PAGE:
And no wood ash. Gardening books written by easterners forget that places like Cheyenne already have alkaline soils and wood ash will make it worse.

Methods

Years ago, Mark and I bought a system that is essentially a sheet of heavy green plastic with several stakes that fit into any of multiple slots in the sides to form it into a barrel shape 3 feet high and 8 feet around (2.5-foot diameter). We throw stuff in and when we need some compost, perhaps months later in the spring, we dig out the stuff at the bottom.

We have four large trees that shed plenty of crispy curled brown leaves in the fall. Some of those we layer in the vegetable garden after frost to decompose. Some I use in the perennial flower bed for winter insulation—thinning them out in the spring if necessary.

The rest we bag up to keep them from blowing away, saving them for spring. Then, we dig more of them into the vegetable garden, use them as mulch or add them to the bin between layers of lawn clippings—though clippings are often used as mulch as well.

I recently visited Laramie County master gardener Maggie McKenzie to see what she is experimenting with these days.

Her husband, Don, built a nice three-bin system, much like the one you can see next to the green shed at the Cheyenne Botanic Gardens. One bin is for collecting, one for cooking and one is available for spreading.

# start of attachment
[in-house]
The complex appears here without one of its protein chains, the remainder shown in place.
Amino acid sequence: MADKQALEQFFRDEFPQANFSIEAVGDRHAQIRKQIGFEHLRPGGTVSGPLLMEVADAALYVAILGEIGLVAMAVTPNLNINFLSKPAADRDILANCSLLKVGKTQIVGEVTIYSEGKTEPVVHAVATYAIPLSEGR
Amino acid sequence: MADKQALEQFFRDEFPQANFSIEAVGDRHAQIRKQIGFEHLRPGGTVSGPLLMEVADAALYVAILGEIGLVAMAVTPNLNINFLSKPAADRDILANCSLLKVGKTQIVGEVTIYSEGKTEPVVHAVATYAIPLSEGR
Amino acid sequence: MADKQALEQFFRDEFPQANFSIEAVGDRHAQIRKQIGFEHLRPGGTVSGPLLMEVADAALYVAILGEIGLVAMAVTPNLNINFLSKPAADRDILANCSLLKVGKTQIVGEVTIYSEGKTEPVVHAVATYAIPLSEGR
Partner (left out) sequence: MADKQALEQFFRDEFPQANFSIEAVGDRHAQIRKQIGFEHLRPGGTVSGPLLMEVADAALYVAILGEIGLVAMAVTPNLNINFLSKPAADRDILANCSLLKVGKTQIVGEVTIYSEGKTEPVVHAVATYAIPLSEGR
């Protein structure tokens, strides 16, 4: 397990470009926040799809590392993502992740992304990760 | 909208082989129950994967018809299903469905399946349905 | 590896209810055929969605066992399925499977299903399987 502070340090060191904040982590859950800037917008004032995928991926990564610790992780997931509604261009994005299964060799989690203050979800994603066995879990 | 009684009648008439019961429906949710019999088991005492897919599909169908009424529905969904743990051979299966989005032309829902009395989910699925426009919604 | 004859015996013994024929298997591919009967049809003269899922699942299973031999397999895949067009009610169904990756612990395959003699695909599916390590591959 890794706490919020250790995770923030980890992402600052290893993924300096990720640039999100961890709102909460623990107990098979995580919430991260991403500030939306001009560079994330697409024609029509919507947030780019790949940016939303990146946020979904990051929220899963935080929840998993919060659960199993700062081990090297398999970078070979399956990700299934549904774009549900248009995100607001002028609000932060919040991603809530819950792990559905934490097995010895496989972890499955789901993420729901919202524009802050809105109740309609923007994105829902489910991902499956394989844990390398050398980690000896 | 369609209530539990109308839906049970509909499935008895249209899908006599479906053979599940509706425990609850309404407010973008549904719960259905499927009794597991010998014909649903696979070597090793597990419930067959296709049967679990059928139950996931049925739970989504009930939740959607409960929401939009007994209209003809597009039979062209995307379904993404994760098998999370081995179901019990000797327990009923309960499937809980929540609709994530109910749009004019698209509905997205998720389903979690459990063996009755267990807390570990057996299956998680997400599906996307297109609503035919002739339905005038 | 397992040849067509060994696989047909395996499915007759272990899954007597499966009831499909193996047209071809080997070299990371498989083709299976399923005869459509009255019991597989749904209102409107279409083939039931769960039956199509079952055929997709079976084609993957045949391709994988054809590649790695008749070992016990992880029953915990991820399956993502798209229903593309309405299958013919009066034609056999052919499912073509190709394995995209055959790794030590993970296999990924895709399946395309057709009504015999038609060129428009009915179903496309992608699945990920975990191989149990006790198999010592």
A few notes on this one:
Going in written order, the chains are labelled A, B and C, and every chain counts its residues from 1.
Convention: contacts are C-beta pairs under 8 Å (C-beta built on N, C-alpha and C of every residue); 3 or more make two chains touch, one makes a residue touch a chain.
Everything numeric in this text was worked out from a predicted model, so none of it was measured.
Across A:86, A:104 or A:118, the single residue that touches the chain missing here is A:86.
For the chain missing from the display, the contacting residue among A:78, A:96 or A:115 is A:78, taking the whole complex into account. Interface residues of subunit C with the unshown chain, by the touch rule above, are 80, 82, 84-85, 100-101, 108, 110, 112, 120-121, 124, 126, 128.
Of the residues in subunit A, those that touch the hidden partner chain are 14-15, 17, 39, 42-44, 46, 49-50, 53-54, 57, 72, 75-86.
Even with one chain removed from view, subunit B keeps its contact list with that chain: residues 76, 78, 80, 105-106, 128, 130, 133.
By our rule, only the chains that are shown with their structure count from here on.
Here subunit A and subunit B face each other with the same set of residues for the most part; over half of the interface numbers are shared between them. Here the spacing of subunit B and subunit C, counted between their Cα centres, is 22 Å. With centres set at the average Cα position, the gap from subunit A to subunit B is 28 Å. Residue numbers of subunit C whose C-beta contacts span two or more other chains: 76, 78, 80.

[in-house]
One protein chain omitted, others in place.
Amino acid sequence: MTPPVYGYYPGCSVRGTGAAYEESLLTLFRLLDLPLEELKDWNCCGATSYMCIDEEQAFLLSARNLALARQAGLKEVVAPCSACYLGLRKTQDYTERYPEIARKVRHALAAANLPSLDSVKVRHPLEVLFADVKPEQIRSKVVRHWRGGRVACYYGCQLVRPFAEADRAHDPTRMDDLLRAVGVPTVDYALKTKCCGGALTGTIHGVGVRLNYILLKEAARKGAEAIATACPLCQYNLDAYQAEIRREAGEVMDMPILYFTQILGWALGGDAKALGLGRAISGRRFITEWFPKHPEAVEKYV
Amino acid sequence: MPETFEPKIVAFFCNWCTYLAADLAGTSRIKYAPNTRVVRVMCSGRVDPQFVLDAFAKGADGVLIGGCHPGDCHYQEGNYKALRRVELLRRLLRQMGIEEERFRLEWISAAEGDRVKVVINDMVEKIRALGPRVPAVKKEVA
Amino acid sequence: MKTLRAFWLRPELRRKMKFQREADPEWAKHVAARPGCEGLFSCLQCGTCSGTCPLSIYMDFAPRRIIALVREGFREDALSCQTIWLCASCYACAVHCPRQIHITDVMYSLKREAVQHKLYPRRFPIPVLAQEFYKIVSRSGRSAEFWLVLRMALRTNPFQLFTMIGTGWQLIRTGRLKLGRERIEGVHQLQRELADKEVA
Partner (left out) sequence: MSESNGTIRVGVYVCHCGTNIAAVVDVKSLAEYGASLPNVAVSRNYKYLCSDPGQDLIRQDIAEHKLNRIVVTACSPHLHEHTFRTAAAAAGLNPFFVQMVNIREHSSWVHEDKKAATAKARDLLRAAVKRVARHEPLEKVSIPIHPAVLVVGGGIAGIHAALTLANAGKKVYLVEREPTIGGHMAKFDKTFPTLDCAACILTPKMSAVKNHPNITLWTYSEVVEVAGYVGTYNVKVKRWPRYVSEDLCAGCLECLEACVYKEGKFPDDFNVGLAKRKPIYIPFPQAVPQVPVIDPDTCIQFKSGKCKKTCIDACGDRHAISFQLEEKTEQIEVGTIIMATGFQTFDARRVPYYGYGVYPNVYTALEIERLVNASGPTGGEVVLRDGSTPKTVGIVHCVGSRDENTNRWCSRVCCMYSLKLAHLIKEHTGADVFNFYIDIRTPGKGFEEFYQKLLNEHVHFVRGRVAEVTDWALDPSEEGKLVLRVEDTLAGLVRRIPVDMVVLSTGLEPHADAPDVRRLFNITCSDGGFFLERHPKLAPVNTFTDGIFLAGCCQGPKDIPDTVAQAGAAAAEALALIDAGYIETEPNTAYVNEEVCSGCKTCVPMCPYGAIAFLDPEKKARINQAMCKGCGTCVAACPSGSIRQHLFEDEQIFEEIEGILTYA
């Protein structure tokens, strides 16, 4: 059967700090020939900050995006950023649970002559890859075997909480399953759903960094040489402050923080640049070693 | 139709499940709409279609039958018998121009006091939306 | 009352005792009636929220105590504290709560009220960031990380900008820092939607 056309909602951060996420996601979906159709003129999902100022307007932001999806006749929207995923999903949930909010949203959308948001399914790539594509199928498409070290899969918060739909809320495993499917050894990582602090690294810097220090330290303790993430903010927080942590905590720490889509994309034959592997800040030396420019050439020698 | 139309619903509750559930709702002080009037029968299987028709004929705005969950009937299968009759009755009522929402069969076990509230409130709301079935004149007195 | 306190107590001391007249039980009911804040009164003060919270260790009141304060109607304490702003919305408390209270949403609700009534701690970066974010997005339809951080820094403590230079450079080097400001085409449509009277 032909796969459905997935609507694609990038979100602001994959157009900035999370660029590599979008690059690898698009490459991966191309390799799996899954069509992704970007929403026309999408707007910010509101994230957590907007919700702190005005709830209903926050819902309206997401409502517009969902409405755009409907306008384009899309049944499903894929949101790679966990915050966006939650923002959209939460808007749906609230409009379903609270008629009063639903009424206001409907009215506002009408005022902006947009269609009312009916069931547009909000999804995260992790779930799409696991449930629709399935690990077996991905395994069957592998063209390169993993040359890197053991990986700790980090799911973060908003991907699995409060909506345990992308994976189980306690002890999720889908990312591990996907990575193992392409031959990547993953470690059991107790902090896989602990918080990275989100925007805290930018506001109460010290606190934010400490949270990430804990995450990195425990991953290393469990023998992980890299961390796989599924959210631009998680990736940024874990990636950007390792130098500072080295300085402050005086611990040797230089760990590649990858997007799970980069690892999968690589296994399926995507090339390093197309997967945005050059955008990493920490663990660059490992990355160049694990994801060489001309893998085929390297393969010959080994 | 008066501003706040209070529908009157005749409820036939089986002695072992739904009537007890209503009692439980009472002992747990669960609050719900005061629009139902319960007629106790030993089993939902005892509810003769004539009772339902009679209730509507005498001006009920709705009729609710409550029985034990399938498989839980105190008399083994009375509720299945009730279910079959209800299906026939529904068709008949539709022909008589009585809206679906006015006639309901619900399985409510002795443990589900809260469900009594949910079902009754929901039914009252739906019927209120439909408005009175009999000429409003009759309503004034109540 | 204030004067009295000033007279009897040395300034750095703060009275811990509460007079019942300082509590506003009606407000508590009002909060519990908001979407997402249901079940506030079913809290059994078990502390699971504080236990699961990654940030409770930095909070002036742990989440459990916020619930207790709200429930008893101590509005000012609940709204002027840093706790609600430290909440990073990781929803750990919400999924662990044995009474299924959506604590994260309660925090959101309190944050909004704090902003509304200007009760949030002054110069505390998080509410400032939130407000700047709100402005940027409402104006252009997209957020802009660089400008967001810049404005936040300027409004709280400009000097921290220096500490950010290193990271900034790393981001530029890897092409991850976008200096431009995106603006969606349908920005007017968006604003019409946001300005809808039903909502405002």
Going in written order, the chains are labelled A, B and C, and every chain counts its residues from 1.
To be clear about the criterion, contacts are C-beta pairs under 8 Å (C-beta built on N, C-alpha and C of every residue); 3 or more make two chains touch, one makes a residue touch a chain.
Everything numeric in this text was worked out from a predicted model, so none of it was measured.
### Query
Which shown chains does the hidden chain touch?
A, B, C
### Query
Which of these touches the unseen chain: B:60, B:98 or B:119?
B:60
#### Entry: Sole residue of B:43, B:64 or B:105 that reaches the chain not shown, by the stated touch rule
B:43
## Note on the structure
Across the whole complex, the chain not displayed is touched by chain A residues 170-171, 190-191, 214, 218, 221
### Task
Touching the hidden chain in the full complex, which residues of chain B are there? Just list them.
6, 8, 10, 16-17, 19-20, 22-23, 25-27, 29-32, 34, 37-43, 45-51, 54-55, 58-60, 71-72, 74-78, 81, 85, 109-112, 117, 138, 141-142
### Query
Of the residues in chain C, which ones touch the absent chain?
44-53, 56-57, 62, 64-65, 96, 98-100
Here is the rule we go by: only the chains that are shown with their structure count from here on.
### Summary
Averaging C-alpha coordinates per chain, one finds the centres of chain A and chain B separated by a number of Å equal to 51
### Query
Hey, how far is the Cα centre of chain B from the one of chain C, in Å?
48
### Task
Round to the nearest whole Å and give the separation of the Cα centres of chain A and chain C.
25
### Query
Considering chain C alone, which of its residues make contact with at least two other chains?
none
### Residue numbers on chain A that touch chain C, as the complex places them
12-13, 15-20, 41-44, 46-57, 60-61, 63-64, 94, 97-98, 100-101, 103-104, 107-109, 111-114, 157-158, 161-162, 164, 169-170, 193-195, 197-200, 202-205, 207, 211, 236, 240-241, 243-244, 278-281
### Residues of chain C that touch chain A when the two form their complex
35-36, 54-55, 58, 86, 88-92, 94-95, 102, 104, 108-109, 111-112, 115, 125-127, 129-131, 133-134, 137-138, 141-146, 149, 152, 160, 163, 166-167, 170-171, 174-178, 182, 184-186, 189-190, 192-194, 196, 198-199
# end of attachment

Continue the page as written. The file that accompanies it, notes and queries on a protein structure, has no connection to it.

Lasagna gardening

Hugelkultur, a European gardening method in which compostable materials are layered over logs and wood debris, is catching on in the U.S. Maggie McKenzie established this bed last year and her husband, Don, decided to add the retaining wall. Photo by Barb Gorges.

She is also having success with “lasagna gardening.” To start a new garden bed, lay down a thick layer of wet newspapers (The Wyoming Tribune Eagle is printed with soy-based ink and is safe to use) or wet cardboard.

Top that with a 2-to-3 inch layer of peat, then a 4-to-8-inch layer of yard waste, then more peat, then more yard waste, until you have built up 18 to24 inches. As it ages, it will shrink. Letting it overwinter is best.

Maggie’s lasagna is for vegetables and is set up inside a raised bed frame, which keeps the wind from taking it apart. For annual upkeep, just add more layers. It is supposed to be ideal for starting and maintaining any kind of garden.

 

Hugelkultur

(Hugelkultur) Hugelkultur, a European gardening method in which compostable materials are layered over logs and wood debris, is catching on in the U.S. Maggie McKenzie established this bed last year and her husband, Don, decided to add the retaining wall. Photo by Barb Gorges

Maggie is also trying a variation of lasagna gardening that includes logs and other woody debris. Known as a hugelkultur bed, the woody layer is placed on top of the wet newspaper or cardboard.

The decomposing wood provides a steady supply of nutrients and holds moisture. Don finished the mounds nicely with retaining walls of sandstone.

Resources

Cheyenne Botanic Gardens, http://www.botanic.org. Look for the brochure on composting under “Gardening Tips.”

University of Wyoming Extension Department, http://www.wyoextension.org/publications. Search for “composting.”

“Organic Gardener’s Companion, Growing Vegetables in the West,” by Jane Schellenberger, editor of the “Colorado Gardener,” www.ColoradoGardener.com.

“The Colorado Gardener’s Companion,” by Jodi Torpey of Denver.

“Lasagna Gardening,” by Patricia Lanza.